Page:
OBJECTIVES: The association between snacking habits and overweight in adolescents is unclear. We evaluated the relation between snacking patterns and overweight/obesity in a cohort of 11- to 13-year-old Italian adolescents. METHODS: The dietary habits of 400 randomly selected adolescents were evaluated; those with body mass index ≥ 85 th percentile were considered as overweight/obese. Participants were classified based on the percentage of caloric intake from snacks (<15%, 15%-20%, >20%), snacking frequency (1, 2, ≥ 3), and timing of consuming the most caloric snack (morning, afternoon, evening). RESULTS: A minority of participants (13/400, 3.3%) did not consume any snacks; 5/13 (38.5) of them were overweight/obese. Among snackers (387/400), overweight/obesity prevalence was 10.4%, 14.4%, 20.5%, respectively, in those consuming <15%, 15% to 10%, and >20% of their energy intake from snacks. In a Poisson regression model, the overweight/obesity relative risks (RRs) were 1.35 (95% confidence interval [CI] 0.58-3.15) and 2.32 (1.10-4.89) for 15% to 20% and >20% calories/day from snacks, respectively. Overweight/obesity prevalence (from 9.6% to 22.6%) was correlated with snacking frequency (RR 2.20, 95% CI 0.92-5.27, and RR 4.17, 95% CI 1.60-10.9, for 2 and ≥ 3 snacks per day, respectively). The most caloric snacks were consumed in the morning (180/387) and afternoon (179/387); 28.6% of the predominantly evening snackers (28/387) were overweight/obese (RR 3.12, 95% CI 1.17-8.34).

Impact of Snacking Pattern on Overweight and Obesity Risk in A Cohort of 11-13-y Adolescents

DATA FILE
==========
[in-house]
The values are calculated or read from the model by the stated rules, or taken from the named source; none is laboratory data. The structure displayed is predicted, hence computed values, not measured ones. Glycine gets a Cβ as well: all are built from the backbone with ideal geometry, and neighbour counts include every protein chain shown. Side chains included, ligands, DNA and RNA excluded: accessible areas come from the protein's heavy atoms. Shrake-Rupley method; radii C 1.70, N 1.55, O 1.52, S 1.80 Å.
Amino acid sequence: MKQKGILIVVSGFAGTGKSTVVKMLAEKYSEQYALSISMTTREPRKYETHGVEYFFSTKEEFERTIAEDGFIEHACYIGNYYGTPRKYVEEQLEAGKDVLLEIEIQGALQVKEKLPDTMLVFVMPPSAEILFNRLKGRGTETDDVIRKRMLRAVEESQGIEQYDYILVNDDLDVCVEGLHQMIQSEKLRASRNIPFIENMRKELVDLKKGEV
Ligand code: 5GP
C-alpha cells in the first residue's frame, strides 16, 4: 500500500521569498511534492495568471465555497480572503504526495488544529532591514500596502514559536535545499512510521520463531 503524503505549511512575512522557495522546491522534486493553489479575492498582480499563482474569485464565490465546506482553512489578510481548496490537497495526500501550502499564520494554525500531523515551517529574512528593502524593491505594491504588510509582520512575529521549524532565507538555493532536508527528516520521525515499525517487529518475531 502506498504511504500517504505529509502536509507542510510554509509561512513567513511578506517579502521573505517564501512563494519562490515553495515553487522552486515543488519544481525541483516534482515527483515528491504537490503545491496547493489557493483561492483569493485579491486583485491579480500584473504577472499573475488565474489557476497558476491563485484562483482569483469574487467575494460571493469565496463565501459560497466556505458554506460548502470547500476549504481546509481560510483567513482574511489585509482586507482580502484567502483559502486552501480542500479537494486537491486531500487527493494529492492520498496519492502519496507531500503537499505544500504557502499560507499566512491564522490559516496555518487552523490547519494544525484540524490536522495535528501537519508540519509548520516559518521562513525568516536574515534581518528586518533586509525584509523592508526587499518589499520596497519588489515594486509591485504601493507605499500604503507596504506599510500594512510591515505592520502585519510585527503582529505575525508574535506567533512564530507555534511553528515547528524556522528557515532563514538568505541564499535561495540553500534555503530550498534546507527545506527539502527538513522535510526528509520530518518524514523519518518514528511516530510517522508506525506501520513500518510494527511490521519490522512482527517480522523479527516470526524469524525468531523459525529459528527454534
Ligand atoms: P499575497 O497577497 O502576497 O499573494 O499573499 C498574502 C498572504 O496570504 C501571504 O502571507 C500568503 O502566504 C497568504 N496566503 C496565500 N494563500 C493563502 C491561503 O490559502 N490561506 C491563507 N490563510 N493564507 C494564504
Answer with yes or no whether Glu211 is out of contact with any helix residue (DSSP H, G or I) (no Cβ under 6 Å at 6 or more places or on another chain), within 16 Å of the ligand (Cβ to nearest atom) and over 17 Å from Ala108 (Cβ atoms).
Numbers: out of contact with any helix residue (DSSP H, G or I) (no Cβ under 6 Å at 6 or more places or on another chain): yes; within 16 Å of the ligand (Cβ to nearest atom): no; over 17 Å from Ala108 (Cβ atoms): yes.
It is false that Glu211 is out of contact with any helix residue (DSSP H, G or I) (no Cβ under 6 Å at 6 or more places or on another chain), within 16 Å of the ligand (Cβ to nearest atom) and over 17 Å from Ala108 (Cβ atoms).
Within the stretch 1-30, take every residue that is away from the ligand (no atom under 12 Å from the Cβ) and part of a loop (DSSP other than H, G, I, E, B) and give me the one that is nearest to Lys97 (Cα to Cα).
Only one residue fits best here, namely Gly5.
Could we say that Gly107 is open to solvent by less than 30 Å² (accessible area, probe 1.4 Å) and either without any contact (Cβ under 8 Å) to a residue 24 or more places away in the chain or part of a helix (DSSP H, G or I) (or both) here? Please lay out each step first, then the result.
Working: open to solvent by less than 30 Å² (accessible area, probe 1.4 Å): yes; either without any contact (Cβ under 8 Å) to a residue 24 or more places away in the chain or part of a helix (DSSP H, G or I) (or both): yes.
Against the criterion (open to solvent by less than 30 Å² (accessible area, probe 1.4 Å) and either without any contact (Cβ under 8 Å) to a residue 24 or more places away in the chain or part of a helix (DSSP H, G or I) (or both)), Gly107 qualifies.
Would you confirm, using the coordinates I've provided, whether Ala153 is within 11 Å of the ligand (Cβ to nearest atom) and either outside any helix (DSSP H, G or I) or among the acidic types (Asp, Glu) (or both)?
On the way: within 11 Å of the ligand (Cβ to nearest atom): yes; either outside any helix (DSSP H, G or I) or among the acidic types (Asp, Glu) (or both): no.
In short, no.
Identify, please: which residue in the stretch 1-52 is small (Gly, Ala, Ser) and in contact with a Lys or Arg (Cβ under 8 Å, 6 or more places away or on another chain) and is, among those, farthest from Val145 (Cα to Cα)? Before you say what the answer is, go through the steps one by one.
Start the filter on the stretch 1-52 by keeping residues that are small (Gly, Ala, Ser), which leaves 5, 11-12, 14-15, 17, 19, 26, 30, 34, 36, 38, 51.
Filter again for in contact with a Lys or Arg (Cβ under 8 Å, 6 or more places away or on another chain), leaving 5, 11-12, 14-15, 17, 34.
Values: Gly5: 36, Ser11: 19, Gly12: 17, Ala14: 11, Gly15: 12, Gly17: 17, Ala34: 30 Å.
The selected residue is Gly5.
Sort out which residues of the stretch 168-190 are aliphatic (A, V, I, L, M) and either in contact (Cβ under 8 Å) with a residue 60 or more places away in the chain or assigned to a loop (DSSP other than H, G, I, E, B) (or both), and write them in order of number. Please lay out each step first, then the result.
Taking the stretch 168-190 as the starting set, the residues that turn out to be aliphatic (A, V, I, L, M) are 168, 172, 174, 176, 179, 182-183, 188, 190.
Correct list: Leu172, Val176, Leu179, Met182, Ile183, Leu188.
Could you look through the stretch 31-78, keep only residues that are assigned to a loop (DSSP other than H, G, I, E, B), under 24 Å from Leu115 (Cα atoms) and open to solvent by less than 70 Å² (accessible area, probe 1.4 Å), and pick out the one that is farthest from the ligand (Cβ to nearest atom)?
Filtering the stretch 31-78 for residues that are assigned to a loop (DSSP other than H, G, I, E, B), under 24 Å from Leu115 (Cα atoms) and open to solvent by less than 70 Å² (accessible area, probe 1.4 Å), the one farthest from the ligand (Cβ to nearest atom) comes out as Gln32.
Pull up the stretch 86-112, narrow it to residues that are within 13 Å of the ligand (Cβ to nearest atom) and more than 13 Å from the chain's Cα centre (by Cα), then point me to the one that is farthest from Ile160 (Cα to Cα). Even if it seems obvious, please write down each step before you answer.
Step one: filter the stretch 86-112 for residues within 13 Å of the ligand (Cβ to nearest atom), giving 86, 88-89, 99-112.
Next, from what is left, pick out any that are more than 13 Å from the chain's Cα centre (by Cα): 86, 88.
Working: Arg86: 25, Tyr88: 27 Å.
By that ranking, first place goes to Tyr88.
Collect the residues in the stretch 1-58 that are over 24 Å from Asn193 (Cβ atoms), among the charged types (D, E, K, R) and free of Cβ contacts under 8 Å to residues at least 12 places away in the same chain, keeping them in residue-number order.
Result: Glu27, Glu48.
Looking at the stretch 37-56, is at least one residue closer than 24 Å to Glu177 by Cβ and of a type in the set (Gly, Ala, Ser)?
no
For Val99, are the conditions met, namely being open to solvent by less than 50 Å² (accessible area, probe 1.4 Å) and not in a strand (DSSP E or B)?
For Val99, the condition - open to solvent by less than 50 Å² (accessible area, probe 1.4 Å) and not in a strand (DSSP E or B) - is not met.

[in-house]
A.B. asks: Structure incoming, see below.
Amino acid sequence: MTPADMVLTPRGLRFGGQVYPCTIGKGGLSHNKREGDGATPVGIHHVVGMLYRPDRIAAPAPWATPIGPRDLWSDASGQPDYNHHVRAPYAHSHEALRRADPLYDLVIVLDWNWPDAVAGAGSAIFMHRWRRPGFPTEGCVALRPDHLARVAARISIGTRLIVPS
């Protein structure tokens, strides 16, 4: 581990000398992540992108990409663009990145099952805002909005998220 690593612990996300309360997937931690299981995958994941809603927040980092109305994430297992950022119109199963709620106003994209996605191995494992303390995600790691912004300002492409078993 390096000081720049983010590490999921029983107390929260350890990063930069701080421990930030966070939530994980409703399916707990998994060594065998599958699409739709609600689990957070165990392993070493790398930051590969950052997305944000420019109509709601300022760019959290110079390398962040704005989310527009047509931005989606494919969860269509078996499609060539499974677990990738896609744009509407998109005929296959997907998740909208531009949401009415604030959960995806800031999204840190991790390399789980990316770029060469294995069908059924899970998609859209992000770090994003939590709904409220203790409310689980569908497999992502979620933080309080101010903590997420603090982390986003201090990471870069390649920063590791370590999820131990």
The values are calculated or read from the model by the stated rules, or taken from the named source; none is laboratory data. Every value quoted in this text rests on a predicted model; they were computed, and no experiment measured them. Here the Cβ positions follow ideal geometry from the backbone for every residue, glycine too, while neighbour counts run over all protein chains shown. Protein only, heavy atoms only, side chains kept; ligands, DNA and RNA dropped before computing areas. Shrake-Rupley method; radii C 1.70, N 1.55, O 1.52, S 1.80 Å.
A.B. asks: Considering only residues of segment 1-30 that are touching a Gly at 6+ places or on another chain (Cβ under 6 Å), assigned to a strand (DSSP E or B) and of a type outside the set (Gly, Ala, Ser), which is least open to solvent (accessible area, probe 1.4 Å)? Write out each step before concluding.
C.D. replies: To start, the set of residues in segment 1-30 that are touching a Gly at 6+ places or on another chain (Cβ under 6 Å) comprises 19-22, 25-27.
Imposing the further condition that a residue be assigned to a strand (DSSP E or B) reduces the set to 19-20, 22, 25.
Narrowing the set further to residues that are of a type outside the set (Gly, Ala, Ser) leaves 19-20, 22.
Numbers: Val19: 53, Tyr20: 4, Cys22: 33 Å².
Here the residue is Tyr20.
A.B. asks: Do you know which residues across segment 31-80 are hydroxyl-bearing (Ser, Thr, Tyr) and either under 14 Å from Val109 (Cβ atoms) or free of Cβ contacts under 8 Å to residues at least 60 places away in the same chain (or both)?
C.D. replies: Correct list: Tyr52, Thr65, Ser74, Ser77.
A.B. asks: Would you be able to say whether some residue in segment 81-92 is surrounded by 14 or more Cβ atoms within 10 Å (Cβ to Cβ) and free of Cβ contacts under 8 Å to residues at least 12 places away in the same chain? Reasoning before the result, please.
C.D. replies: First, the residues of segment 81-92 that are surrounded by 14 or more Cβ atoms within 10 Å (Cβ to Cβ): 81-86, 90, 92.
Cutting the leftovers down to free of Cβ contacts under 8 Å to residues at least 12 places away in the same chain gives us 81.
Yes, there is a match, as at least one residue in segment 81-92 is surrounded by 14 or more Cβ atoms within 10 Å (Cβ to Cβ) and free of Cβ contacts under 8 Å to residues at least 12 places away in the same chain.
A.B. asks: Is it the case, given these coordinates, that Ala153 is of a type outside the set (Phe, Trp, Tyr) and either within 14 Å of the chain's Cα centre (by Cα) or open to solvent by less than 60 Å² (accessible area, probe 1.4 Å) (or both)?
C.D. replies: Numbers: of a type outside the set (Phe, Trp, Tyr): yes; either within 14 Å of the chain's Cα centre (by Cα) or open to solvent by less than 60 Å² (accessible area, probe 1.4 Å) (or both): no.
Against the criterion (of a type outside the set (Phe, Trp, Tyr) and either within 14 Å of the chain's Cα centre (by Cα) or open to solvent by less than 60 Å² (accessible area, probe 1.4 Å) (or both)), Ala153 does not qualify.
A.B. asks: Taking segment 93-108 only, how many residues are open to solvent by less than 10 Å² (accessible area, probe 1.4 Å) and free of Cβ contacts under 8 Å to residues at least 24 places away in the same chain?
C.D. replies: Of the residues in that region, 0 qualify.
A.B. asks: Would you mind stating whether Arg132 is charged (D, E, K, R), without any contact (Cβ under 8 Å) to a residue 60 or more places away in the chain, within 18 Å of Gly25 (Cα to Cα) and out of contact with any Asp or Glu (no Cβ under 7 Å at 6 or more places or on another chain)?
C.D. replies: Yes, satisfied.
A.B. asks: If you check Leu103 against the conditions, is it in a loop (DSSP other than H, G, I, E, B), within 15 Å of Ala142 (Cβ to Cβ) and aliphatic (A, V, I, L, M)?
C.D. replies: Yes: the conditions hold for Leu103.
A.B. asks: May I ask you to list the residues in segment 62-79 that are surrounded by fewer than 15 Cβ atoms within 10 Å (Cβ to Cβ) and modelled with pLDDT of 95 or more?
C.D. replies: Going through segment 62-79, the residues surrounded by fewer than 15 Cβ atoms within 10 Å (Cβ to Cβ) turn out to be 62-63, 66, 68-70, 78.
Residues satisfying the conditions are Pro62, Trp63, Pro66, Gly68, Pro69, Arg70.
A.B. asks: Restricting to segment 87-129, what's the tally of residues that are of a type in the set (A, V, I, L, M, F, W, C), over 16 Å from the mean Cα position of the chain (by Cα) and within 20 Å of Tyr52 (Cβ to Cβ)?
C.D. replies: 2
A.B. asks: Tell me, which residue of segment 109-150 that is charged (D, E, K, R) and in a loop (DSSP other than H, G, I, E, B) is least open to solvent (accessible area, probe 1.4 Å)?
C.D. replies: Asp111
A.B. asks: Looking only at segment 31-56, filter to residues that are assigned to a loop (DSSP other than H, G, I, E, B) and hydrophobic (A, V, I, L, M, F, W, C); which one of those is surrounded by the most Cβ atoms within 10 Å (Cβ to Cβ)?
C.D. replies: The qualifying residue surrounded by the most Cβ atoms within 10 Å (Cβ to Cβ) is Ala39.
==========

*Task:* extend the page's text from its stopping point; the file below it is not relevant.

BO, Simona;DE CARLI, Luca;DE MICHIELI, Franco;DURAZZO, Marilena;BECCUTI, GUGLIELMO;CAVALLO PERIN, Paolo;GHIGO, Ezio;
2014-01-01

Abstract

OBJECTIVES: The association between snacking habits and overweight in adolescents is unclear. We evaluated the relation between snacking patterns and overweight/obesity in a cohort of 11- to 13-year-old Italian adolescents. METHODS: The dietary habits of 400 randomly selected adolescents were evaluated; those with body mass index ≥ 85 th percentile were considered as overweight/obese. Participants were classified based on the percentage of caloric intake from snacks (<15%, 15%-20%, >20%), snacking frequency (1, 2, ≥ 3), and timing of consuming the most caloric snack (morning, afternoon, evening). RESULTS: A minority of participants (13/400, 3.3%) did not consume any snacks; 5/13 (38.5) of them were overweight/obese. Among snackers (387/400), overweight/obesity prevalence was 10.4%, 14.4%, 20.5%, respectively, in those consuming <15%, 15% to 10%, and >20% of their energy intake from snacks. In a Poisson regression model, the overweight/obesity relative risks (RRs) were 1.35 (95% confidence interval [CI] 0.58-3.15) and 2.32 (1.10-4.89) for 15% to 20% and >20% calories/day from snacks, respectively. Overweight/obesity prevalence (from 9.6% to 22.6%) was correlated with snacking frequency (RR 2.20, 95% CI 0.92-5.27, and RR 4.17, 95% CI 1.60-10.9, for 2 and ≥ 3 snacks per day, respectively). The most caloric snacks were consumed in the morning (180/387) and afternoon (179/387); 28.6% of the predominantly evening snackers (28/387) were overweight/obese (RR 3.12, 95% CI 1.17-8.34).
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Bo S; De Carli L; Venco E; Fanzola I; Maiandi M; De Michieli F; Durazzo M; Beccuti G; Cavallo-Perin P; Ghigo E; Ganzit GP
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Utilizza questo identificativo per citare o creare un link a questo documento: https://hdl.handle.net/2318/149769
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